The GR5– locally called the LAW-5, Deltapad, or the E2– is an elusive dream. Once on the trail, as a hunting dog on the scent of something good, we keep our eyes peeled and our noses to the ground. If we can keep our tires and eyes pointed toward the next red and white blaze, the rewards are great. When we lose the trail, which has happened thus far with some frequency, we simply follow the next logical signed cycling route, bike path or walking path. Perhaps the best part about following the GR5 is that we never ride with traffic. And when we lose the trail, we still aren’t really riding in traffic. Some routes follow dedicated cycling lanes alongside a street, but even this is hardly ‘in’ or ‘with’ traffic in this country– drivers and cyclists are equally respectful of space and life and the dance between the two never raises and eyebrow.
But our focus is on the GR5, a long distance walking route from the North Sea in the Netherlands, to the Mediterranean at Nice, France. Between these two points are Belgium and Luxembourg, and a whole lot of time in France; the route includes the Ardennes, the Jura, and the Alps; and the entire trail is signed with red and white blazes, as are other GR trails, while guidebooks and maps are also available. It has only been a few days, but so far the diverse riding has done nothing but put smiles to our faces.
We left Hoek van Holland along this signed GR route, although it seemed to be going another direction. We abandoned in favor of cycle paths and a place to stay in Rotterdam. We would return to Maaslius to reconnect with the route.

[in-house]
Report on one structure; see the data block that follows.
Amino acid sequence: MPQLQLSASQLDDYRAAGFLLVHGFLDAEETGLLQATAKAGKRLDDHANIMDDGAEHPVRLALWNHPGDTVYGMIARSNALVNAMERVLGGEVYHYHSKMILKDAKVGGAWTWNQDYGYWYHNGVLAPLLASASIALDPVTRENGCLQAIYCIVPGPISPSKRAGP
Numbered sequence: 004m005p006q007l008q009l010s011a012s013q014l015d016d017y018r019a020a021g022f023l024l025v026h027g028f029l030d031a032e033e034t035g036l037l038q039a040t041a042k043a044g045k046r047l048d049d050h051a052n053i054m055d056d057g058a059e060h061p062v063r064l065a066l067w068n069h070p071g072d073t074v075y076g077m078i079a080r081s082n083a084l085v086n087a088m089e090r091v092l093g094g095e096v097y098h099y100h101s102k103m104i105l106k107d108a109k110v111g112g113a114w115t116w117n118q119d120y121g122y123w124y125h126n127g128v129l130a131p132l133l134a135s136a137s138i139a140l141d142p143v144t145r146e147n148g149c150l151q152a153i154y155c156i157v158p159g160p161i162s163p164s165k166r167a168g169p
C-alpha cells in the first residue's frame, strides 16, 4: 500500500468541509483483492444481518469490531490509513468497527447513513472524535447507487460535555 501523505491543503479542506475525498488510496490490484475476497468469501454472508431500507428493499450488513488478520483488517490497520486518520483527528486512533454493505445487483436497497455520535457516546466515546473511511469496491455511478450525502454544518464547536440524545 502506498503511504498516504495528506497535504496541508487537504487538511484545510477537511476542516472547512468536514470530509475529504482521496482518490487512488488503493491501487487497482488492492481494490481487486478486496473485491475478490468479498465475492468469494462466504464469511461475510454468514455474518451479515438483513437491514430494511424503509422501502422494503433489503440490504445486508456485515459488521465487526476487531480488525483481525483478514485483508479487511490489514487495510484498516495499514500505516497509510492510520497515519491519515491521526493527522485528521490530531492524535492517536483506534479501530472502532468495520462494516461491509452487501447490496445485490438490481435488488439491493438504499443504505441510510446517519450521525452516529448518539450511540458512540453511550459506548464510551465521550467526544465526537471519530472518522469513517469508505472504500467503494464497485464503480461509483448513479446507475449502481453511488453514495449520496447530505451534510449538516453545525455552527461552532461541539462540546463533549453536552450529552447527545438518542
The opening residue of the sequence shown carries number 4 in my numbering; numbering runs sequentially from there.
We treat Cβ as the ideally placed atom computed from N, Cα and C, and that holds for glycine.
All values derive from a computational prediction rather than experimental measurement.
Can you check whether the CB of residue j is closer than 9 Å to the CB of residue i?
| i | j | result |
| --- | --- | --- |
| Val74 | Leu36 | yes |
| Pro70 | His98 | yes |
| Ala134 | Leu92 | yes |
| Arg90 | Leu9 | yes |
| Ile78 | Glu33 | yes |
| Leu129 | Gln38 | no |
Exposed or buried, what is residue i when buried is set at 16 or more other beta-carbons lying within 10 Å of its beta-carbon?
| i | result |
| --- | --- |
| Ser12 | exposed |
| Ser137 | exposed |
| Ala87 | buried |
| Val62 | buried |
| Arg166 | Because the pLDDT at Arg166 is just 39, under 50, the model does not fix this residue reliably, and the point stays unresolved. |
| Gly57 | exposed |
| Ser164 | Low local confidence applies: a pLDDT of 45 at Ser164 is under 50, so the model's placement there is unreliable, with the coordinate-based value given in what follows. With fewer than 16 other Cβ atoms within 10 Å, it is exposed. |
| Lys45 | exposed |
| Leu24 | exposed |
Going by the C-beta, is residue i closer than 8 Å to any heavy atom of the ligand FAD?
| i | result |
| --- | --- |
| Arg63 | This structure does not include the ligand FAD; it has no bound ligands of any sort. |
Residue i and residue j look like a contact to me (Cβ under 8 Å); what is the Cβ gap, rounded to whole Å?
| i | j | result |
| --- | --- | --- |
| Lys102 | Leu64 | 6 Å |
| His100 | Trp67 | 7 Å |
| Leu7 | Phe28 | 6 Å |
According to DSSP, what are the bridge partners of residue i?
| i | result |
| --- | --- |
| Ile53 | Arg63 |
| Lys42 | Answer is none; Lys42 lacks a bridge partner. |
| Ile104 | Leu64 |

At Maasluis, a ferry crosses the Maas river. As we disembark, we spot red and white blazes and spend the first km along neighborhood singletrack. Much of the riding reminds me of riding as a kid.
The GR5 follows paved and unpaved cyclepaths, as well as established walking routes (like unpaved walkways near the city), and sometimes very small lanes.
Camping opportunities abound, especially along the waterfront. This waterway was in use by many recreational canal boats.
The trail is locally called the ‘Deltapad’, or delta path, named for the delta region of several rivers that drain continental Europe into the sea. The trail follows a lot of grassy doubletrack along dikes and dams.
No reason to buy a map in the Netherlands. Signs, numbered routes and point-to-point routes makes navigation easy. I have a basic map of the country for reference. Mostly, we travel without a map, which is liberating. Public map displays serve to keep us traveling in a uniform direction. Still, while chasing red and white blazes we have made at least a few circles.
Mountainbikeroute (aka VTT, BTT, or MTB) is an exciting word. Some Dutch singletrack along the GR5, near the Voornes Duins.
To a coastal overlook, like California or elsewhere we have been.
Where to sleep? This looks good.
Butter, salt, shallots, tortellini, and herring in tomatensaus.
The next morning, we wind through dunes and coastal forests, making a full loop back to this point. Retracing our steps, we find exactly where we went wrong. Retracing our steps was a little muddy.
Finally on our way, the trail leads to the beach, which was partly rideable in the intertidal zone. Thinking of the Pugsley, or even those bold 29+ wheels I built for Cass’ Krampus. Just a little more rubber would have helped.
Within a few moments, we are back in town. Historic canals and churches one minute, sandy forested singletrack the next– nothing to complain about.
It has been a wet week along these coastal islands. Still, more dry than wet is the realization that time is better spent outside, than staring at the weather channel.
Our camp last night atop a sandy hill, tall pines breaking wind from the Nordzee.
We’ve lost the GR5 for a moment, realizing that we had followed another walking trail. We will rejoin the route in Bergen op Zoom, headed towards Maastricht, NL through Belgium. Three and four dollar bottles of organic wine end every day. Coffee and stroopwafels begin the day.